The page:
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Pediatrics. 2006 Oct;118(4):1600-6.

Gestational age and birth weight in relation to school performance of 10-year-old children: a follow-up study of children born after 32 completed weeks.

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Department of Obstetrics, Aarhus University Hospital, Skejby Sygehus, 8200 Aarhus N, Denmark.



Children born extremely premature (<28 weeks) or with a very low birth weight (<1500 g) have a poorer school performance than children born at term with a normal birth weight. Much less is known about children of higher gestational ages and birth weights. We studied gestational age after 32 completed weeks and birth weight in relation to the child's school performance at the age of 10 years.


We performed a follow-up study of 5319 children born between January 1990 and June 1992. We got the information on birth weight and gestational age from birth registration forms; when the children were between 9 and 11 years of age, we gathered information about their school performance (reading, spelling, and arithmetic) from questionnaires completed by the parents and the children's primary school teachers.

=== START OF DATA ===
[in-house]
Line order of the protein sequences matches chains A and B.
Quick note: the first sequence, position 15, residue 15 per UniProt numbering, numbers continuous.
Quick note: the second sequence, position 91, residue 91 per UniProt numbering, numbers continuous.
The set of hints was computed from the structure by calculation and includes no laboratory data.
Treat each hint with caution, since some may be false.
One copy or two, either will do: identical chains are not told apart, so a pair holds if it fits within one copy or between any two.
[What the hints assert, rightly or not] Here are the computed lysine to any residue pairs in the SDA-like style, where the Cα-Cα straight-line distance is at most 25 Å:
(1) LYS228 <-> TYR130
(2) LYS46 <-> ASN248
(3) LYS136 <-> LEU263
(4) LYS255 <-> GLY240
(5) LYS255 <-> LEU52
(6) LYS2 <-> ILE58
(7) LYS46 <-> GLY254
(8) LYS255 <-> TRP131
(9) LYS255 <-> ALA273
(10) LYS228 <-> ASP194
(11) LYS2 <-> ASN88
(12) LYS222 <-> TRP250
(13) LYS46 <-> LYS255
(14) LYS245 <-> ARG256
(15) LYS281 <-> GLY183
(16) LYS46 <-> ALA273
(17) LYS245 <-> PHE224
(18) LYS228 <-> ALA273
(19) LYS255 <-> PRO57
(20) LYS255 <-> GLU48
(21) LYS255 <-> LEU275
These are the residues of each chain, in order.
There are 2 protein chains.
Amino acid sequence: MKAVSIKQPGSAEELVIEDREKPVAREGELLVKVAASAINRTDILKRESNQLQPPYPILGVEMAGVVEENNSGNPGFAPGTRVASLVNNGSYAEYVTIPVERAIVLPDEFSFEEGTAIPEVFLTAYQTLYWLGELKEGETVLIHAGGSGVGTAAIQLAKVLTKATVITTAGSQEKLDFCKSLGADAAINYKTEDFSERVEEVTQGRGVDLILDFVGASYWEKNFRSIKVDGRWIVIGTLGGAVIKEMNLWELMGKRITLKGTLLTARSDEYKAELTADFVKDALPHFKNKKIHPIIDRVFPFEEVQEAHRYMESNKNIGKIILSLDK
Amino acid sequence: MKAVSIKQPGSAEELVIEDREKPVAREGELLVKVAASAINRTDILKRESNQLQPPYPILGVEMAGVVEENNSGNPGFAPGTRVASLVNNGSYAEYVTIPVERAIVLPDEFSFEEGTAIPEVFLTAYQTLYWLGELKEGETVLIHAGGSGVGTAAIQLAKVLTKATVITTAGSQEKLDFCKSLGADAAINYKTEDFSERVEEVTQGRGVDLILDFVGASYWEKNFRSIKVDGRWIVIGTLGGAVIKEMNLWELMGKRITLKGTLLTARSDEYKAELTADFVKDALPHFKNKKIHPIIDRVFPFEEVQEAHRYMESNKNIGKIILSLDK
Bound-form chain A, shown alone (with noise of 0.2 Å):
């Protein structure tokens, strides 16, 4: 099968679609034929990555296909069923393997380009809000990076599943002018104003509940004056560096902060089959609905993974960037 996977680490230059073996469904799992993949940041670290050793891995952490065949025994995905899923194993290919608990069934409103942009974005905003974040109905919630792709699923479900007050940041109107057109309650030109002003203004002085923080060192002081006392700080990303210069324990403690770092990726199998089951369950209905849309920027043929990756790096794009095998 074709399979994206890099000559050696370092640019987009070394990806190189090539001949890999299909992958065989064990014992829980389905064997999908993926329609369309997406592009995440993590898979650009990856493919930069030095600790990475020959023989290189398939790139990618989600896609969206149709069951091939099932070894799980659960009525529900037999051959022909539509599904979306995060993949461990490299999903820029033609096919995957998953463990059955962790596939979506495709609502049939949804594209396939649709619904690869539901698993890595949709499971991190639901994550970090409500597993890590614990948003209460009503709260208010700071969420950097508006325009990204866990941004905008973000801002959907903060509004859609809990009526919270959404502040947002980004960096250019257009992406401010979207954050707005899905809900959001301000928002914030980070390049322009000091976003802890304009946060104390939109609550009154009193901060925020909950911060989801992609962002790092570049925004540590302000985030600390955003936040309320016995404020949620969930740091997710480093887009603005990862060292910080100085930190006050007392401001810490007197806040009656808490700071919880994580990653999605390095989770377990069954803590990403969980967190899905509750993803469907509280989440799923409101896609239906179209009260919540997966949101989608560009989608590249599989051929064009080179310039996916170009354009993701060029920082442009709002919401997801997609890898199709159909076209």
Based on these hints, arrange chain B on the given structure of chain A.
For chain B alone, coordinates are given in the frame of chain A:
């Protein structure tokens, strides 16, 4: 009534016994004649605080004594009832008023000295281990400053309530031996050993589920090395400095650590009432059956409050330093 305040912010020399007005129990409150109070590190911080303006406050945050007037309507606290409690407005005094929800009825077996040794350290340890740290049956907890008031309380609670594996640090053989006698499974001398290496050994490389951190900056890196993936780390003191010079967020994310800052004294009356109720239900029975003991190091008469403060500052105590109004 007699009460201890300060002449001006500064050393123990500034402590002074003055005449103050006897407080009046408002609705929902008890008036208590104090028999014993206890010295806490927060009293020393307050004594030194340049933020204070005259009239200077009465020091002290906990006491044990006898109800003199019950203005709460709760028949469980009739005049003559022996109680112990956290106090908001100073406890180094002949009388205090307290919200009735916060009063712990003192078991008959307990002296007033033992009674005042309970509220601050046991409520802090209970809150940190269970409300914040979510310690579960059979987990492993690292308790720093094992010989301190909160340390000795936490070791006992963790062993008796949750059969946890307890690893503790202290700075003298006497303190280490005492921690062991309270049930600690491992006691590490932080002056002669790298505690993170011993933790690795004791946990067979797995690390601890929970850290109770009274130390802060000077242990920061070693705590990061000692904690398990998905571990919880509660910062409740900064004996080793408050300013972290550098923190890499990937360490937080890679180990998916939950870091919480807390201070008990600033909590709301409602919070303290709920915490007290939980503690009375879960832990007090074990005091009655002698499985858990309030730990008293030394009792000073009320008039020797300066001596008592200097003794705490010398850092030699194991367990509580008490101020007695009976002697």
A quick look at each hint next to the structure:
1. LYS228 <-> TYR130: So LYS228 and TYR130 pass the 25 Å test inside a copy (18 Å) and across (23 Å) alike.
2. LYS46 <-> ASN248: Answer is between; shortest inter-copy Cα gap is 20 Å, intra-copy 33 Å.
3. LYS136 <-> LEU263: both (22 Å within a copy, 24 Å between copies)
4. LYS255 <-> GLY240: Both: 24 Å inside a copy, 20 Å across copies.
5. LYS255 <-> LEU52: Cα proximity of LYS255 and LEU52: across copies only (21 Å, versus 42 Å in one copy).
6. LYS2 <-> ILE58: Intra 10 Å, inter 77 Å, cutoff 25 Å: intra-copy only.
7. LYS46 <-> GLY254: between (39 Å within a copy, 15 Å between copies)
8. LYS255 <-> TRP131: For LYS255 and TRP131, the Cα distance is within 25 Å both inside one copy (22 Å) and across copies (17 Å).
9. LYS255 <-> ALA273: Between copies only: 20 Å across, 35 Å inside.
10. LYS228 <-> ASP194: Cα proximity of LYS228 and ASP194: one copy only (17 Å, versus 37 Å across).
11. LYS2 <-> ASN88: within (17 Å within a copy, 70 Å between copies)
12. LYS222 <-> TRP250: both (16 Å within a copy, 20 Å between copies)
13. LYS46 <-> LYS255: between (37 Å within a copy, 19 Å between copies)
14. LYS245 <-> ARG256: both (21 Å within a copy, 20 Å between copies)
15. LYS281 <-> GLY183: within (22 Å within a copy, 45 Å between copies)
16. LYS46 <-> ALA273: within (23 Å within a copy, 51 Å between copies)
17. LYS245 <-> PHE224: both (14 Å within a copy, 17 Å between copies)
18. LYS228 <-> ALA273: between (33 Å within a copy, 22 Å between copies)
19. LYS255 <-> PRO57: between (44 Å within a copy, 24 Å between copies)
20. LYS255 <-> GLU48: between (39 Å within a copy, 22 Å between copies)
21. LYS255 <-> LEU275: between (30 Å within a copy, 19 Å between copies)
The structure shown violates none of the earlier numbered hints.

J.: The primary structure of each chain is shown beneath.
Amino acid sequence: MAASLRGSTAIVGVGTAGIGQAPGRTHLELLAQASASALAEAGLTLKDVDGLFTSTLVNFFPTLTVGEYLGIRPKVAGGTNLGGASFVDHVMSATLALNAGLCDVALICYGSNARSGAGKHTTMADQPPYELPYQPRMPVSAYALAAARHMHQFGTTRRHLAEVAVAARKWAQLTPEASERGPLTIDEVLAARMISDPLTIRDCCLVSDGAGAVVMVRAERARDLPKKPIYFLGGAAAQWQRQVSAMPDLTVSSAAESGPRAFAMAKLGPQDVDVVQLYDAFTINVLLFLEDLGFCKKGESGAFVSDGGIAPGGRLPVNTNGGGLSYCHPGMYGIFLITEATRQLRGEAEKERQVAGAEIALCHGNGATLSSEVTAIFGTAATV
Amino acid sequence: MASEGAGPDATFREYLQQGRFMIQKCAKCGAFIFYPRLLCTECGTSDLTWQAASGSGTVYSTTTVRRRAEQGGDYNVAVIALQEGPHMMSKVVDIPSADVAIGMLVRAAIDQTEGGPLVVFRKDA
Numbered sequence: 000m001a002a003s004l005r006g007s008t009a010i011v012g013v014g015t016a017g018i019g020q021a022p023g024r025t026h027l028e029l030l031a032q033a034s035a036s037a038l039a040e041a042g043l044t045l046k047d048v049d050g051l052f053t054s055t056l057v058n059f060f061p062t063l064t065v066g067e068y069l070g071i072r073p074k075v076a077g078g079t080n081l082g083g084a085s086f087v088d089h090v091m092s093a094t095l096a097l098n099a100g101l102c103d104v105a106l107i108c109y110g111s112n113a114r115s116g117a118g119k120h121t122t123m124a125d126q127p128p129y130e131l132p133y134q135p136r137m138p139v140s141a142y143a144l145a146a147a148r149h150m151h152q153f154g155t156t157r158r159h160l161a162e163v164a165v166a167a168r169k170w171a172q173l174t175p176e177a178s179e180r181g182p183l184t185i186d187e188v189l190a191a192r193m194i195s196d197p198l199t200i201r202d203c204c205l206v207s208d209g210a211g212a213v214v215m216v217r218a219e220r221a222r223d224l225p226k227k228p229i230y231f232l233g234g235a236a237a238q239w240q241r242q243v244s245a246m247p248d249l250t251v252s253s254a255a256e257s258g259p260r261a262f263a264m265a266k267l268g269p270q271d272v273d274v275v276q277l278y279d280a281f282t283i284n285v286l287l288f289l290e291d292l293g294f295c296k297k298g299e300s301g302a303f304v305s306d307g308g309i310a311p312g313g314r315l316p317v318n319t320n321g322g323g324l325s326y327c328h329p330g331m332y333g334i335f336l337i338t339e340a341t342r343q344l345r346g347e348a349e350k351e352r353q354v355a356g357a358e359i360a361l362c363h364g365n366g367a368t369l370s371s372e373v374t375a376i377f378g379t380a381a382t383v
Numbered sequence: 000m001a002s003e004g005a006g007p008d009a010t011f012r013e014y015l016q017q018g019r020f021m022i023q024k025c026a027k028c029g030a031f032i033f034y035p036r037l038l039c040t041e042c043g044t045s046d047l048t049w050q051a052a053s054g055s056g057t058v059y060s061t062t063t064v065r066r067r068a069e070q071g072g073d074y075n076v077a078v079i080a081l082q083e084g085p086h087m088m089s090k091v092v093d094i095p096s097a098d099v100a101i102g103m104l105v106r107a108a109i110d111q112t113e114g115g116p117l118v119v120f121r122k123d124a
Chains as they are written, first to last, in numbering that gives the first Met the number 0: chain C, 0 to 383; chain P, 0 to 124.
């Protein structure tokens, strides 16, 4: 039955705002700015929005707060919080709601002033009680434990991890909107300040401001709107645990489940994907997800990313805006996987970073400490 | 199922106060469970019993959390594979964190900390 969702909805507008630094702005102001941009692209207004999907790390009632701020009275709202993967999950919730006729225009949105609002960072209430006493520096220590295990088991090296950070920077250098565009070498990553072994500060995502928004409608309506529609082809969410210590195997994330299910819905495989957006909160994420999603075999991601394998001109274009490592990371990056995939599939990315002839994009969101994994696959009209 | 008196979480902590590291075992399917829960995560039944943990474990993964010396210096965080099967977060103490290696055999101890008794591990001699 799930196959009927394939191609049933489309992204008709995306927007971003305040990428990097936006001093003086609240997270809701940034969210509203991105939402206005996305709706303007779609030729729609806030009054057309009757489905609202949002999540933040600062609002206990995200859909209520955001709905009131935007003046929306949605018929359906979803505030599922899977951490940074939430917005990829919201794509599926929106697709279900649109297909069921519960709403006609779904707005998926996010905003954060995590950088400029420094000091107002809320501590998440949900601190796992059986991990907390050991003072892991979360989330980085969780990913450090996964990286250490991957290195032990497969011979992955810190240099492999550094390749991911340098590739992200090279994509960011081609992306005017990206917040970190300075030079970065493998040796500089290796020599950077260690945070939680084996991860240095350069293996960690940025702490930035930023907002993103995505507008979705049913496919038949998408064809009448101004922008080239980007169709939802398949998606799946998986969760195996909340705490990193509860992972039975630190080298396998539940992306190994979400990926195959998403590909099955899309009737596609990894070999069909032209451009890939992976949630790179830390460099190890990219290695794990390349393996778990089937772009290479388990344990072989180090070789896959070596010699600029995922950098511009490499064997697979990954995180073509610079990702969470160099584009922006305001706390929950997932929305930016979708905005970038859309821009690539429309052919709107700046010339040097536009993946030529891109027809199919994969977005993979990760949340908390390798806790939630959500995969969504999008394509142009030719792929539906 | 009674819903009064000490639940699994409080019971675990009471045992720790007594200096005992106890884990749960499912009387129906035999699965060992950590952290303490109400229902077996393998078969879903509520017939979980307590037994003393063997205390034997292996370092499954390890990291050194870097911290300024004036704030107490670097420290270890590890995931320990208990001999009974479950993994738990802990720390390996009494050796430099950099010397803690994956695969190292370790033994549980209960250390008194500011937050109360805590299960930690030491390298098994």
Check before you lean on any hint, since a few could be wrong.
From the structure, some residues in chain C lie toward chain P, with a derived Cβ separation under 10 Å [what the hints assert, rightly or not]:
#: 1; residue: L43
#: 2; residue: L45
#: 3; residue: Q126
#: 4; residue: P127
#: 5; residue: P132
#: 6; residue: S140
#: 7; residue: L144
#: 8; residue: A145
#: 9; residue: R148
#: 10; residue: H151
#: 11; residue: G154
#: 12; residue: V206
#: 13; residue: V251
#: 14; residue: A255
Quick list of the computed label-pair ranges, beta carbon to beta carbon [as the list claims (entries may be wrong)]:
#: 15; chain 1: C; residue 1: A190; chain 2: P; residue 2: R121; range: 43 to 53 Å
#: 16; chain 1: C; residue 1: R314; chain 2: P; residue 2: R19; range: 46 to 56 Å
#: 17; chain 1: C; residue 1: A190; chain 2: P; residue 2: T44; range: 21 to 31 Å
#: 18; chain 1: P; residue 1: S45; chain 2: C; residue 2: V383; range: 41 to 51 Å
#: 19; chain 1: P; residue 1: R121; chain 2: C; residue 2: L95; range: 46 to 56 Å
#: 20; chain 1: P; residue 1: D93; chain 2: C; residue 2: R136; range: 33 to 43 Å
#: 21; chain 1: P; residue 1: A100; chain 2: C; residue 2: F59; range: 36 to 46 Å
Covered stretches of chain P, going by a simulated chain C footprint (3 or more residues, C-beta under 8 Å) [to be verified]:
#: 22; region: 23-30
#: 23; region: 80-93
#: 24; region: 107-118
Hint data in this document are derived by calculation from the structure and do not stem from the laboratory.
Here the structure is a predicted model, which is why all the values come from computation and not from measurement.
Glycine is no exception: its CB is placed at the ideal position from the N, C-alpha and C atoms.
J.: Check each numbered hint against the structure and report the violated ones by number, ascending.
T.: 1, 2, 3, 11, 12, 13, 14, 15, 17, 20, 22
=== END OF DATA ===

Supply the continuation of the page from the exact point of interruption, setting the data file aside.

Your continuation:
The association between birth weight and reading, as well as spelling and arithmetic disabilities, showed a graded relationship, with children who weighed <2500 g having the highest risks. Even children who weighed between 3000 and 3499 g had an increased risk of all 3 learning disabilities compared with children who weighed between 3500 and 4000 g. This association persisted after adjustment for potential cofounders and when the analyses were restricted to children born at term (39-40 weeks of gestation), suggesting that the association could not be explained by a low gestational age. Compared with children born at term, reading and spelling difficulties were more often found among children born at gestational age 33 to 36 weeks and 37 to 38 weeks, whereas there was no relation between gestational age and arithmetic difficulties.


Gestational age and birth weight were associated with school performance in the 10-year-old child and the association extended into the reference range of both birth weight and gestational age.

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